BlackBerry used to be a huge name in the smartphone world, so huge that it almost became the generic trademark (think Kleenex or Frisbee) that would forever be associated with what a smartphone is. It was one of the first phones on the market that had enough power and flexibility to be an assistant, internet browser, and phone at the same time. It even got called the “crackberry” in its hayday because of its addictive qualities and the niche it filled that many simply needed to be filled.

In recent weeks, however, Research In Motion, the company that still makes BlackBerries, has started the quick decent into the Hall of Fallen Giants, such as the Sony Walkman and the Palm Pilot. While BlackBerry was once the super giant of the smartphone world, now it’s almost just a shadow – today, RIM dominates 10{7e4ee7cd997d36f6dec43befd6b19c37edf0959bbf61766e988f901dd91e96d7} of the smartphone market when it once commanded more than half.

A few days ago, RIM announced it was going to start laying off top executives as their stocks continued to fall and have hit the lowest they’ve been since 2003. RIM’s stocks alone have lost over 75{7e4ee7cd997d36f6dec43befd6b19c37edf0959bbf61766e988f901dd91e96d7} of their once upon a time value, and there’s no indication they’re going to ever recover. Industry analysts and spectators throw around the word “Microsoft” when it comes to the company’s future, and seem to think the only way to save it is to sell it.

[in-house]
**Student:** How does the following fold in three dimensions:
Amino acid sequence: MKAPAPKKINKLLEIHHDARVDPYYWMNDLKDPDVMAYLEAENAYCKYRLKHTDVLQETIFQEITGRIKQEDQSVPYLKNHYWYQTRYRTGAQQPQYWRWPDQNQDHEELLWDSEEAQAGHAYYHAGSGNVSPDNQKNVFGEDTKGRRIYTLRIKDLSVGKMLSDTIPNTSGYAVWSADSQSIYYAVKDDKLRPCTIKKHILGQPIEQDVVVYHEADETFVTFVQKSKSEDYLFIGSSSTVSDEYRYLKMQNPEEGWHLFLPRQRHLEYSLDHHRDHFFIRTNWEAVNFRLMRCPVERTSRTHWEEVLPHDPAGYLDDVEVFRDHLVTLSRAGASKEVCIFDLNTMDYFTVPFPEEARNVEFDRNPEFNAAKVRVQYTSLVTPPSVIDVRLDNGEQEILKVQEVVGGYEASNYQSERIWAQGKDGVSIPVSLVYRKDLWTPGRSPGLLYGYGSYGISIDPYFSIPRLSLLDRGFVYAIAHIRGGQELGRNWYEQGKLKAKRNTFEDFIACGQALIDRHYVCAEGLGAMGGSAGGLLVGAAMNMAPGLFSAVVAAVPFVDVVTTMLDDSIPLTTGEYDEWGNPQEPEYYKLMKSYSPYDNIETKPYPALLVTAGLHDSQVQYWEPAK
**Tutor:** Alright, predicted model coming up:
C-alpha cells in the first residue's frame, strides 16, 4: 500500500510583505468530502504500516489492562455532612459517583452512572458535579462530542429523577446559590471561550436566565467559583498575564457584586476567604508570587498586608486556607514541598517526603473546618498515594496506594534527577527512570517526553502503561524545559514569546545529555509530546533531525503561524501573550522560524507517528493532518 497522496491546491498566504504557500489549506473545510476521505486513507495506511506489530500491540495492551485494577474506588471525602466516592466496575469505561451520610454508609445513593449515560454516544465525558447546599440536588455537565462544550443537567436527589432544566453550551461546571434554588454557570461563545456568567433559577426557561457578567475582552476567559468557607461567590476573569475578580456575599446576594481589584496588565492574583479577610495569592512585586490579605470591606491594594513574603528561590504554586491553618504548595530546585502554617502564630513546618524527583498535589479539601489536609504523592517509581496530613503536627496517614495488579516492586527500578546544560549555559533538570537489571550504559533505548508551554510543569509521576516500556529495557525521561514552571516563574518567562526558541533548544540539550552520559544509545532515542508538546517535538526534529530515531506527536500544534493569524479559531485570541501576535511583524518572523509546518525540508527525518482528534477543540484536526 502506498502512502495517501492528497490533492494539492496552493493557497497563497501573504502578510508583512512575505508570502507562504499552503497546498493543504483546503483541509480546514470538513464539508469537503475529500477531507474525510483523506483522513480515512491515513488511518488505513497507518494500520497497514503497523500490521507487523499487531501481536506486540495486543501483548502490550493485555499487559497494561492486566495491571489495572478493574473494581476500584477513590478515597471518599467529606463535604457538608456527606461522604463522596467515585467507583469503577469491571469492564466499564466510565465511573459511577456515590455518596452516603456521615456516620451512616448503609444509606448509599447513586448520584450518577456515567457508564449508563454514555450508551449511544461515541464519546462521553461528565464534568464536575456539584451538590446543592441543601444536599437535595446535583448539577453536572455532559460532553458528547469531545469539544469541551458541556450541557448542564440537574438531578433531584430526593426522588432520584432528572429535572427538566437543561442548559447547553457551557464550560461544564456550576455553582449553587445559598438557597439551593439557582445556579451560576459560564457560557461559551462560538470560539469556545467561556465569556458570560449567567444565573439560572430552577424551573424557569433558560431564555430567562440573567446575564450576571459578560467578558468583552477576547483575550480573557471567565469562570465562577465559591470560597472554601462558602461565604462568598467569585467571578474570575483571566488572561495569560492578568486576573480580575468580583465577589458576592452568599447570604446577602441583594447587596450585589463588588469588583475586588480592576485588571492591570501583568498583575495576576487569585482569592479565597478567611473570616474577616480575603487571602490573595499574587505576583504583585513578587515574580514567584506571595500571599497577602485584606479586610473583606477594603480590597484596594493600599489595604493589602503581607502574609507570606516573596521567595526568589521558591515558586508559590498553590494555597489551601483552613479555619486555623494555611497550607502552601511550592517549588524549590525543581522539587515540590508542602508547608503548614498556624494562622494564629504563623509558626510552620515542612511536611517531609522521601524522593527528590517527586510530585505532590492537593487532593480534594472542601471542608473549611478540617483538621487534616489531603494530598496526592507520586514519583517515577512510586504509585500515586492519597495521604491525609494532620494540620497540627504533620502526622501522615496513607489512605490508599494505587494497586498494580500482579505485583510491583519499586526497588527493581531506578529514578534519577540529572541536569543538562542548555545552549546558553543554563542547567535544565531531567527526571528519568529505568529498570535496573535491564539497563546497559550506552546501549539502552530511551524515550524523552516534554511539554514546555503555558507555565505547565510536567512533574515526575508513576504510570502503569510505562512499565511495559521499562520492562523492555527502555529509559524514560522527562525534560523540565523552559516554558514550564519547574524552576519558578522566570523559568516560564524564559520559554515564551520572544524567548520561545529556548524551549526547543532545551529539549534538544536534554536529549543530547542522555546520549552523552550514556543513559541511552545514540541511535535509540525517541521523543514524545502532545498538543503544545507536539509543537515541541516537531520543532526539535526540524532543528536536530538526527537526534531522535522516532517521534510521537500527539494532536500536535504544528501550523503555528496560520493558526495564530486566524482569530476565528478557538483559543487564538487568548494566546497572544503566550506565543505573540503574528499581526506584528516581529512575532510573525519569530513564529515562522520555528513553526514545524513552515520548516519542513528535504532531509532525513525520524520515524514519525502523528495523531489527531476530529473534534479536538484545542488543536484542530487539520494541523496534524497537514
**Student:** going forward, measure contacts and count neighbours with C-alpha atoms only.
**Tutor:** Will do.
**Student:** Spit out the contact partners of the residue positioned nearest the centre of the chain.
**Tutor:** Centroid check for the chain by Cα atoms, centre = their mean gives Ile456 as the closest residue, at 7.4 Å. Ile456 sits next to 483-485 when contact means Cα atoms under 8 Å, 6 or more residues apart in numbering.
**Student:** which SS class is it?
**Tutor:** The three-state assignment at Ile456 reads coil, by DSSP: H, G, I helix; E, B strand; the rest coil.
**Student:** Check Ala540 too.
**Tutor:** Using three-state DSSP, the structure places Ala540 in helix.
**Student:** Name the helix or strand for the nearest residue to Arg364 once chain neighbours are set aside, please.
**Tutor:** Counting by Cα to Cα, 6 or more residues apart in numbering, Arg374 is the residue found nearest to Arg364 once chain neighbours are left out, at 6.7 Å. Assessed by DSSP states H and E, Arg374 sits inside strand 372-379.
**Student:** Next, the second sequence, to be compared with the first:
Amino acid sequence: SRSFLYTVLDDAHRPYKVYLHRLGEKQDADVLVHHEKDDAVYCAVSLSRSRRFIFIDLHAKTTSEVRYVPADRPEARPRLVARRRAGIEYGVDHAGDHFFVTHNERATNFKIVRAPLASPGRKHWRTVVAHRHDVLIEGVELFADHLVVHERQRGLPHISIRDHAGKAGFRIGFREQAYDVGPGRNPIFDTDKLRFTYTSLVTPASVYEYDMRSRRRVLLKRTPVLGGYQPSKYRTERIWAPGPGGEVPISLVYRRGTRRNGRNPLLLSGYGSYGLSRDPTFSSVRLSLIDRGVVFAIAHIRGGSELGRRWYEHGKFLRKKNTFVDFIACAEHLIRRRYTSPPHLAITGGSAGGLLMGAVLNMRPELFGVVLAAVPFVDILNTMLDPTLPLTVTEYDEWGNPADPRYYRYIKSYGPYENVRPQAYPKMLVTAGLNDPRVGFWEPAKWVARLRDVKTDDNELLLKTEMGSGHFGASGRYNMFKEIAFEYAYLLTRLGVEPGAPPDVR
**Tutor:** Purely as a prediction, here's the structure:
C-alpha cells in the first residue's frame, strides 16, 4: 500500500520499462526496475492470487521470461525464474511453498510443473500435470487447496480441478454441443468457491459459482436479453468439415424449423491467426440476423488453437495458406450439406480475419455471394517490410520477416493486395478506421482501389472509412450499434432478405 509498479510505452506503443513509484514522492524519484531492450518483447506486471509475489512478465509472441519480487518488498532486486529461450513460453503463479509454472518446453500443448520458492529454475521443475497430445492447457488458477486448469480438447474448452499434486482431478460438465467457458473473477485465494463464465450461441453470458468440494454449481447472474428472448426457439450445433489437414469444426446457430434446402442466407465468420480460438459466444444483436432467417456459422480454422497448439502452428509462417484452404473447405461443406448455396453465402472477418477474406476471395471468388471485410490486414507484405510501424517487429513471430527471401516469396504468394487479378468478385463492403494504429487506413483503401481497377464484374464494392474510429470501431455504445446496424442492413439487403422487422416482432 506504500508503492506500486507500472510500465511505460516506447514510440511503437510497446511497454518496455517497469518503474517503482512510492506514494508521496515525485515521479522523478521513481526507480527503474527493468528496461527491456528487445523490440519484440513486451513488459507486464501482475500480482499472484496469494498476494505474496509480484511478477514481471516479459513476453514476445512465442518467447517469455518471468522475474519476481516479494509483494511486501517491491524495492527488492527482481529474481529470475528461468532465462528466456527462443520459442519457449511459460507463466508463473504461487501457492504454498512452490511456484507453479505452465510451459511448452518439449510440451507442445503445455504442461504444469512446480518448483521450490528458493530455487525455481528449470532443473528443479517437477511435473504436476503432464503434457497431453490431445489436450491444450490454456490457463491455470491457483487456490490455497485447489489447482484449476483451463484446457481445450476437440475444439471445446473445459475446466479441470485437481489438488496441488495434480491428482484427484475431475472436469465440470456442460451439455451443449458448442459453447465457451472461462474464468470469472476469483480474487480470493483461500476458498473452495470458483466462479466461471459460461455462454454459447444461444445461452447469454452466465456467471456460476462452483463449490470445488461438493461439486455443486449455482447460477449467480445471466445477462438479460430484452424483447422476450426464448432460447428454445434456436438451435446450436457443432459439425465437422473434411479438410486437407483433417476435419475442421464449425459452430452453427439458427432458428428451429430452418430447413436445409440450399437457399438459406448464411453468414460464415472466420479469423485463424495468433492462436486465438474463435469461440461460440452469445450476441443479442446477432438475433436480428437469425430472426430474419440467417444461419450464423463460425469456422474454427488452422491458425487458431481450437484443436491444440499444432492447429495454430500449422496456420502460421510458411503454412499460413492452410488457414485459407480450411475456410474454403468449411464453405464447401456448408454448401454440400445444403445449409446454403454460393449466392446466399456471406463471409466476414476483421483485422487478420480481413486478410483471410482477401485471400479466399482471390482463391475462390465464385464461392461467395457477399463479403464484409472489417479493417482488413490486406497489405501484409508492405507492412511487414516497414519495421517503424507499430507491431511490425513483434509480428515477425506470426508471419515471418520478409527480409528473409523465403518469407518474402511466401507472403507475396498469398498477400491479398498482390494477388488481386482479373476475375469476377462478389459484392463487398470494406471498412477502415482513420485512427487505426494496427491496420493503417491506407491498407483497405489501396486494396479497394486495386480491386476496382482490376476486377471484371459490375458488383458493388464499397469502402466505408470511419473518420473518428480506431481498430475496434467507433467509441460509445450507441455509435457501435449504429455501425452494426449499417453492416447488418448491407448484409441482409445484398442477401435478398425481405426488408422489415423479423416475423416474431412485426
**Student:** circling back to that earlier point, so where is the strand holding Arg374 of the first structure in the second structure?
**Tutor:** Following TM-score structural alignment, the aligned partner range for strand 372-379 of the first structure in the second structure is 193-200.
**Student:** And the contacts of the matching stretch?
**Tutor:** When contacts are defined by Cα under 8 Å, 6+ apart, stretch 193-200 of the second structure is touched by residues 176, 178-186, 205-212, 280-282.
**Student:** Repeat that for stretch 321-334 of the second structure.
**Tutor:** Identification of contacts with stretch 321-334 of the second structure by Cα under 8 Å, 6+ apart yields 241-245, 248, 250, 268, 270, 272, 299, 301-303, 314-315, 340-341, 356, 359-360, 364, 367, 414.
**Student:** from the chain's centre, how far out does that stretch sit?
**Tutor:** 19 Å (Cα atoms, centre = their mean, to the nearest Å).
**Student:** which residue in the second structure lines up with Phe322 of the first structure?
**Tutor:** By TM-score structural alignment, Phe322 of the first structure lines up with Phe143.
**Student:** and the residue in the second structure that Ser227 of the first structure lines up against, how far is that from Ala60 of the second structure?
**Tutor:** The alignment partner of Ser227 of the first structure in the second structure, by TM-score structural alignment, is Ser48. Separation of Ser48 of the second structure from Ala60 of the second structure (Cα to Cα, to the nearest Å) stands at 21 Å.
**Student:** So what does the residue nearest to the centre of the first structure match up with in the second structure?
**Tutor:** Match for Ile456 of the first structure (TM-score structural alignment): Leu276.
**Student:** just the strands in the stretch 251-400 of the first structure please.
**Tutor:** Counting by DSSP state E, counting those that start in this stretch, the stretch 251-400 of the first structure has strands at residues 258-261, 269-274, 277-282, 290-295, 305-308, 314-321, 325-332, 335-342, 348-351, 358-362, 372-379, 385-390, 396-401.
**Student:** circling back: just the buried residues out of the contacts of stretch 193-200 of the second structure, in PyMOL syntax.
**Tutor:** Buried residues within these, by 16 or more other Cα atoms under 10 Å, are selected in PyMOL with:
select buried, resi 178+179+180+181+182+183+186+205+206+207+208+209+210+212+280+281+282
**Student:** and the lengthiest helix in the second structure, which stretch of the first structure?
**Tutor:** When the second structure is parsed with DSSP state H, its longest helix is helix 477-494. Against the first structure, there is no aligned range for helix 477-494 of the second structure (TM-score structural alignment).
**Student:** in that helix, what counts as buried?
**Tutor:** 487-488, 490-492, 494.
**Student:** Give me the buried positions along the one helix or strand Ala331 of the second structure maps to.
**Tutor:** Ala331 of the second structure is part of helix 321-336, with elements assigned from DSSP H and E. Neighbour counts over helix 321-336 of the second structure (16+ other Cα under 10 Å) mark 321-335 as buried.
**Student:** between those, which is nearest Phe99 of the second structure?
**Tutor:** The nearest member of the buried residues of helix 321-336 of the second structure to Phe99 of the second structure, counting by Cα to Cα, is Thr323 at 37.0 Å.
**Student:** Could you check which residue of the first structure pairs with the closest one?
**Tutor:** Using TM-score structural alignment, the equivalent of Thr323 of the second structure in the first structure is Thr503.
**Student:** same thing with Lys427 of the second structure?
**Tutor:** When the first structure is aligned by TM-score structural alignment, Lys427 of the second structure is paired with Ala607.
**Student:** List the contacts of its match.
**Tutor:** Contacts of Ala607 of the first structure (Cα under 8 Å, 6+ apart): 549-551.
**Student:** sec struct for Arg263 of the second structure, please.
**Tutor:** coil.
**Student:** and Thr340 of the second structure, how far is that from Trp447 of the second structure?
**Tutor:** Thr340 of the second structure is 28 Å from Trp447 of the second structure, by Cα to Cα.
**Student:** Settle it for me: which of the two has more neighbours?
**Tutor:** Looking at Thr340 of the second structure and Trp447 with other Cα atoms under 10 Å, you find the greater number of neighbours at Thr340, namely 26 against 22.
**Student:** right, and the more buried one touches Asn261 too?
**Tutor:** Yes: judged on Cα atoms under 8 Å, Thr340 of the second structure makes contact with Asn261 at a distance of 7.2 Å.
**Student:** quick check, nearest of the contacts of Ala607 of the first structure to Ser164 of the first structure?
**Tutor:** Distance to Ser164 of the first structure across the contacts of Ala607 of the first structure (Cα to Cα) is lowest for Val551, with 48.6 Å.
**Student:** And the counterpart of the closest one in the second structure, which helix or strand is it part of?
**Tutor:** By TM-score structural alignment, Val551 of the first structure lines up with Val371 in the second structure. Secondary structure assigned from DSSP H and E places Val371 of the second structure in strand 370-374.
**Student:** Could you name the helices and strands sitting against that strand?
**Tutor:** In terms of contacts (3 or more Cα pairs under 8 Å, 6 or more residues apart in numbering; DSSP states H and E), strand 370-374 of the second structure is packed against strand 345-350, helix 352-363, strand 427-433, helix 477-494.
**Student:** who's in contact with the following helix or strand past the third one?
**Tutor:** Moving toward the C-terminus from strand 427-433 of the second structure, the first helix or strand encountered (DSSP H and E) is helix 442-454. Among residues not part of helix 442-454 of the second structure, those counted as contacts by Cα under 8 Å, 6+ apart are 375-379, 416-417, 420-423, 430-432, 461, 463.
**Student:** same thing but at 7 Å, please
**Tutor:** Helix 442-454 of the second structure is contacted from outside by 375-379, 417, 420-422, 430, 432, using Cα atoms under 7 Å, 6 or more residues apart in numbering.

If RIM can’t save BlackBerry, then the company will become the latest case study exemplifying just how fast an information empire can fall. In less than ten years, BlackBerry has gone from hero to zero. This has happened many times over the past few decades, such as with Palm smartphones and the Polaroid instant camera; the product hits the market, revolutionizes the way things are done, then quickly fades out as new inventions hit the market.

So, who’s next? Some same Apple may have the same fate, and within the next decade or two it, too, will be forgotten. Today’s tech economy is laying waste to those who don’t innovate fast enough, and knowing the speed at which to innovate is becoming less and less clear.

 

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